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Let K be nonsingular symmetric matrix, prove that if K is a positive definite so is $K^{-1}$ .

My attempt:

I have that $K = K^T$ so $x^TKx = x^TK^Tx = (xK)^Tx = (xIK)^Tx$ and then I don't know what to do next.

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    $\begingroup$ Well, somewhere you have to use the definition of, or some fact about, positive definite matrices --- so, what do you know about positive definite matrices? $\endgroup$ – Gerry Myerson Oct 12 '12 at 3:56
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If $K$ is positive definite then $K$ is invertible, so define $y = K x$. Then $y^T K^{-1} y = x^T K^{T} K^{-1} K x = x^T K x >0$ so is positive definite.

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    $\begingroup$ Thank you very much! How did you know to define y = Kx ? $\endgroup$ – diimension Oct 12 '12 at 4:10
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    $\begingroup$ @diimension The thing you know is $K$ is PD. So you want to have a form of $x^T K x$ because we know it is positive. $\endgroup$ – JACKY Li Oct 12 '12 at 4:34
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    $\begingroup$ Its just experience! But you must get used to that prooving things is not algorithmic, you must search for ideas. Comes with training! $\endgroup$ – kjetil b halvorsen Oct 13 '12 at 1:16
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    $\begingroup$ If we go in that direction, should we state that for any vector y in R we can some how express it as Kx? $\endgroup$ – Itay Jun 6 '16 at 4:25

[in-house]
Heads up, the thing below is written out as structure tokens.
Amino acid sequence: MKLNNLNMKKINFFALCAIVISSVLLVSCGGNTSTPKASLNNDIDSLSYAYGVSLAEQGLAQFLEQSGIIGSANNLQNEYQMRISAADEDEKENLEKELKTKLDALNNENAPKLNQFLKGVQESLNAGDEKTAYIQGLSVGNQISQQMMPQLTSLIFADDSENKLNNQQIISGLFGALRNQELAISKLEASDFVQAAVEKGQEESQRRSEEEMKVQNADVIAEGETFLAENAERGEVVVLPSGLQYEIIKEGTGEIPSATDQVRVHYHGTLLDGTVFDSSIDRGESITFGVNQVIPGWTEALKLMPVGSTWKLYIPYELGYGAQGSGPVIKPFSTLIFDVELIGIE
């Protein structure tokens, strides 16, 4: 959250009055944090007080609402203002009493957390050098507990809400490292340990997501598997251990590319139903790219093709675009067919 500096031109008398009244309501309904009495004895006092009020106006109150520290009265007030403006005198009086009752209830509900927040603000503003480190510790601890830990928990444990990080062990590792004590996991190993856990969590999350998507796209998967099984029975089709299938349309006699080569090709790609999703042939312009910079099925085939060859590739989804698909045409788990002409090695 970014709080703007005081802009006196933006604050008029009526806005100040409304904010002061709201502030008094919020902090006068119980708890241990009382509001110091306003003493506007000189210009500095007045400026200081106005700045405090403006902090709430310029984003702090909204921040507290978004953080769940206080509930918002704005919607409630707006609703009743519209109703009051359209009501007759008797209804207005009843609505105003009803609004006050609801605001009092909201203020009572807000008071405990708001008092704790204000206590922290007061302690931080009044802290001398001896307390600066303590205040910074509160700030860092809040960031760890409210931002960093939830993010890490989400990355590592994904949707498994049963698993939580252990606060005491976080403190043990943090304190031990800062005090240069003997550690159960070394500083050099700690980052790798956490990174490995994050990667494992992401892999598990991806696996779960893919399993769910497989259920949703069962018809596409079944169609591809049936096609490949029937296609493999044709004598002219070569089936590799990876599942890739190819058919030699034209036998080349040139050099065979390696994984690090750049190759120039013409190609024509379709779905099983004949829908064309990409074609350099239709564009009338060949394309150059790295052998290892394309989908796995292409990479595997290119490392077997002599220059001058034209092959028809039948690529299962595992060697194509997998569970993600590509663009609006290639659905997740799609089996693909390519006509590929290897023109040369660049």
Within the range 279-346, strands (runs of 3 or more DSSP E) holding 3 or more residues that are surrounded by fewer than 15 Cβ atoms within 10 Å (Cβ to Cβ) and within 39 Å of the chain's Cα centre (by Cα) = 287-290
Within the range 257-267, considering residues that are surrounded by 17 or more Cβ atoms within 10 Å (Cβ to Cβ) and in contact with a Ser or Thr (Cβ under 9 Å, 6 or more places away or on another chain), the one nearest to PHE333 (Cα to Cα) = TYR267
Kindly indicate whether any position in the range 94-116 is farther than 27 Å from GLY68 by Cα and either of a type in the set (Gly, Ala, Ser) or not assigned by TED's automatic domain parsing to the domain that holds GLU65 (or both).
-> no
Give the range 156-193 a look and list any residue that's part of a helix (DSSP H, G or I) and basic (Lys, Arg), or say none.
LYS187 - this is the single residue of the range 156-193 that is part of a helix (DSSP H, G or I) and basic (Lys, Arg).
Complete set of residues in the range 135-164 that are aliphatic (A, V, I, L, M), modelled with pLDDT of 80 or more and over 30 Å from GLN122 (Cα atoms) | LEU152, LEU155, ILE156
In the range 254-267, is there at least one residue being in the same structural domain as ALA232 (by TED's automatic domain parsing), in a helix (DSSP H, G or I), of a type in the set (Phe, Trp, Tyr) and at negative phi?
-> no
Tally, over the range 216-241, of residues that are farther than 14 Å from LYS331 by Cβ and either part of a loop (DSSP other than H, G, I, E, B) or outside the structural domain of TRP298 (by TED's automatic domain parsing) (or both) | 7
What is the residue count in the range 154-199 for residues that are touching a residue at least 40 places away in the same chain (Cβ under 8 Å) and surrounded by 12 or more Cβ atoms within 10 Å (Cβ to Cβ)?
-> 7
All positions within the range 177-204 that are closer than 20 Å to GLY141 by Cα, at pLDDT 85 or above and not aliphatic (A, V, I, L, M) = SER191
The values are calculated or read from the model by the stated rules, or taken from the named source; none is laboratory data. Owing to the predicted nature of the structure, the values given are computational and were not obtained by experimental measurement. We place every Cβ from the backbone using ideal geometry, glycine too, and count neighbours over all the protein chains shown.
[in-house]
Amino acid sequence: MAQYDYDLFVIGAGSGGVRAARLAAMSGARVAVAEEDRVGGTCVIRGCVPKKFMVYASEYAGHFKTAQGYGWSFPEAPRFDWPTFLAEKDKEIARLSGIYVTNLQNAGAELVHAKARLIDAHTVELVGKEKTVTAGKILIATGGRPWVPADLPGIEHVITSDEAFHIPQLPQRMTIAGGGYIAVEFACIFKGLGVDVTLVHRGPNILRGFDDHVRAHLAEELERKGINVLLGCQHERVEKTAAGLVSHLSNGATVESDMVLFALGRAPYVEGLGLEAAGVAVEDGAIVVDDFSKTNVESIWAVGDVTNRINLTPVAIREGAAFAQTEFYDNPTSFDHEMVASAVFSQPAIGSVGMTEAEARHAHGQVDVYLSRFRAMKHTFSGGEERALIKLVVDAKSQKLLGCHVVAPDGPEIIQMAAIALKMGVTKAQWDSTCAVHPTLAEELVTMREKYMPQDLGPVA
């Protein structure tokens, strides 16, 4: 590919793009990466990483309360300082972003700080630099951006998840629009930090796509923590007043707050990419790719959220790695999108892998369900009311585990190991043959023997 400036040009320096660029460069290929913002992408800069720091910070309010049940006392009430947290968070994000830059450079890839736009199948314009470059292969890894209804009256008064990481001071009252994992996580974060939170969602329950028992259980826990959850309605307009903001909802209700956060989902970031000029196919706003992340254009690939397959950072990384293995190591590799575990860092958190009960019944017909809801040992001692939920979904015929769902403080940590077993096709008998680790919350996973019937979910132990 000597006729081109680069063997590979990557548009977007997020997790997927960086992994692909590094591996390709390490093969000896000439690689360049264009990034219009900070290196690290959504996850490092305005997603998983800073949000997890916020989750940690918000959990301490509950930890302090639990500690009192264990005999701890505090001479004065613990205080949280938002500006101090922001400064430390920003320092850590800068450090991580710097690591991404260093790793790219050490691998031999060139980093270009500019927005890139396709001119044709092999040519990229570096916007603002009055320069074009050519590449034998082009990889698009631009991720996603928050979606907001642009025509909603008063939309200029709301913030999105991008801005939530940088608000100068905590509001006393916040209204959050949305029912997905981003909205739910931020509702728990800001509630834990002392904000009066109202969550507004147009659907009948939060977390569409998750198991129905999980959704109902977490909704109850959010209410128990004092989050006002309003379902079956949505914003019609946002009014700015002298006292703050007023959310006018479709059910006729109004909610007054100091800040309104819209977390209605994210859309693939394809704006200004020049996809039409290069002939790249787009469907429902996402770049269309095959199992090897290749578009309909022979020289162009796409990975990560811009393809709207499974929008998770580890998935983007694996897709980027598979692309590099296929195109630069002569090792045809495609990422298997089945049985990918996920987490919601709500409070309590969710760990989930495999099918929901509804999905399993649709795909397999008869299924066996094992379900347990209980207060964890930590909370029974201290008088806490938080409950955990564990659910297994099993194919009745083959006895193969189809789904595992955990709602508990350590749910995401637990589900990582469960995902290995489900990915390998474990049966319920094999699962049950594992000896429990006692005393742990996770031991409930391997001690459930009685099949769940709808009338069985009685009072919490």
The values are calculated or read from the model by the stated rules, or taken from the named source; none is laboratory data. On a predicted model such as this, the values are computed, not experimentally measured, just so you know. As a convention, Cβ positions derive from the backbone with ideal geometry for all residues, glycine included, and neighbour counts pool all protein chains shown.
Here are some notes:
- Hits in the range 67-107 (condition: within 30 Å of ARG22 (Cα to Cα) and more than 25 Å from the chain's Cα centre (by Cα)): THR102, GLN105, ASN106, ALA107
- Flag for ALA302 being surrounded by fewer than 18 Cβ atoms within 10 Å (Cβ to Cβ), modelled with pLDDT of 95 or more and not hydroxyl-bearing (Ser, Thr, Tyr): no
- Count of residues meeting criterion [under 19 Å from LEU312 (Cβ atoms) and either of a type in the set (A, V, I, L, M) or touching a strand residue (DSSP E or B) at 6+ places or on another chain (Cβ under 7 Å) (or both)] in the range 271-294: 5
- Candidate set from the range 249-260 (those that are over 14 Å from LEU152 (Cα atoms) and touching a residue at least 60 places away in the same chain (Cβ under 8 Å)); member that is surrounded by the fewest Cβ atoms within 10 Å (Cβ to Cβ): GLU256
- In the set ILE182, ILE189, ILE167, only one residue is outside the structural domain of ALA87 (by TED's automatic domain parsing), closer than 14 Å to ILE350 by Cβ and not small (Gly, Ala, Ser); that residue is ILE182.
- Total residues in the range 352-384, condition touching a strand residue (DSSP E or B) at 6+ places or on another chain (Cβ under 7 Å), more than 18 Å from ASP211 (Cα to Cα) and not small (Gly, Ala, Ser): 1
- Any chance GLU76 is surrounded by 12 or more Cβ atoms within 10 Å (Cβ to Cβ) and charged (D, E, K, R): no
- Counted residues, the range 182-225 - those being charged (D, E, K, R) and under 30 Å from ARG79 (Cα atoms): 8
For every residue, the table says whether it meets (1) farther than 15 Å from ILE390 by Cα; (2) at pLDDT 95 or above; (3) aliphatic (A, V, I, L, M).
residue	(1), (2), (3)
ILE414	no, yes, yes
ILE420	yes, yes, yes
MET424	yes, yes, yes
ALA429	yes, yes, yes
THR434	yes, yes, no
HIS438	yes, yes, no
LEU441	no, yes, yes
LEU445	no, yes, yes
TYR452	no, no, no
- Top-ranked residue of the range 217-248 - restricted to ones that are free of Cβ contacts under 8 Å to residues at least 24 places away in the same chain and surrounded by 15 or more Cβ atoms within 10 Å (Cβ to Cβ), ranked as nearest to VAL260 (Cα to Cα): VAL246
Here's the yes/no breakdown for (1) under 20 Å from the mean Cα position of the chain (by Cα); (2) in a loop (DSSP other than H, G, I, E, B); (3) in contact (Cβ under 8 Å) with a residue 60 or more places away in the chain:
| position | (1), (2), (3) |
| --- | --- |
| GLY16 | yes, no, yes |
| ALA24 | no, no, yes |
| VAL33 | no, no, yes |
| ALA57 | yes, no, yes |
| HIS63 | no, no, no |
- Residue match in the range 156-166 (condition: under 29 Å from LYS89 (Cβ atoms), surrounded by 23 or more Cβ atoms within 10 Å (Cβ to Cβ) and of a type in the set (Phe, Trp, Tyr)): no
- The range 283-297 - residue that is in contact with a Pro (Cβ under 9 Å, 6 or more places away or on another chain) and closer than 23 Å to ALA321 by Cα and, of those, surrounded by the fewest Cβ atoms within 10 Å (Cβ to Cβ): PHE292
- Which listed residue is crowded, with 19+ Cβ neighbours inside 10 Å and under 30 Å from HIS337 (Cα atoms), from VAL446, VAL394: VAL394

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    $\begingroup$ @zxmkn if you're still here, it's true for invertible matrices, which is to say it's true for matrices which don't have zero as an eigenvalue, which means it's true for positive definite matrices, since they have only positive eigenvalues. $\endgroup$ – Gerry Myerson Oct 27 '19 at 0:49
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Here's one way: $K$ is positive definite if and only if all of its eigenvalues are positive. What do you know about the eigenvalues of $K^{-1}$?

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K is positive definite so all its eigenvalue are positive. The eigenvalues of $K^{-1}$ are inverse of eigenvalues of K, i.e., $\lambda_i (K^{-1}) = \frac{1}{\lambda_i (K)}$ which implies that it is a positive definite matrix.

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  • $\begingroup$ Why are the eigen-values of inverse of $K$ the reciprocal of those for $K$? $\endgroup$ – Abhishek Bhatia Jul 15 '16 at 6:25
  • $\begingroup$ @AbhishekBhatia Because the inverse of a diagonal matrix with non-zero entries is the diagonal matrix of the reciprocals. $\endgroup$ – Jonathan H Mar 8 '18 at 11:33

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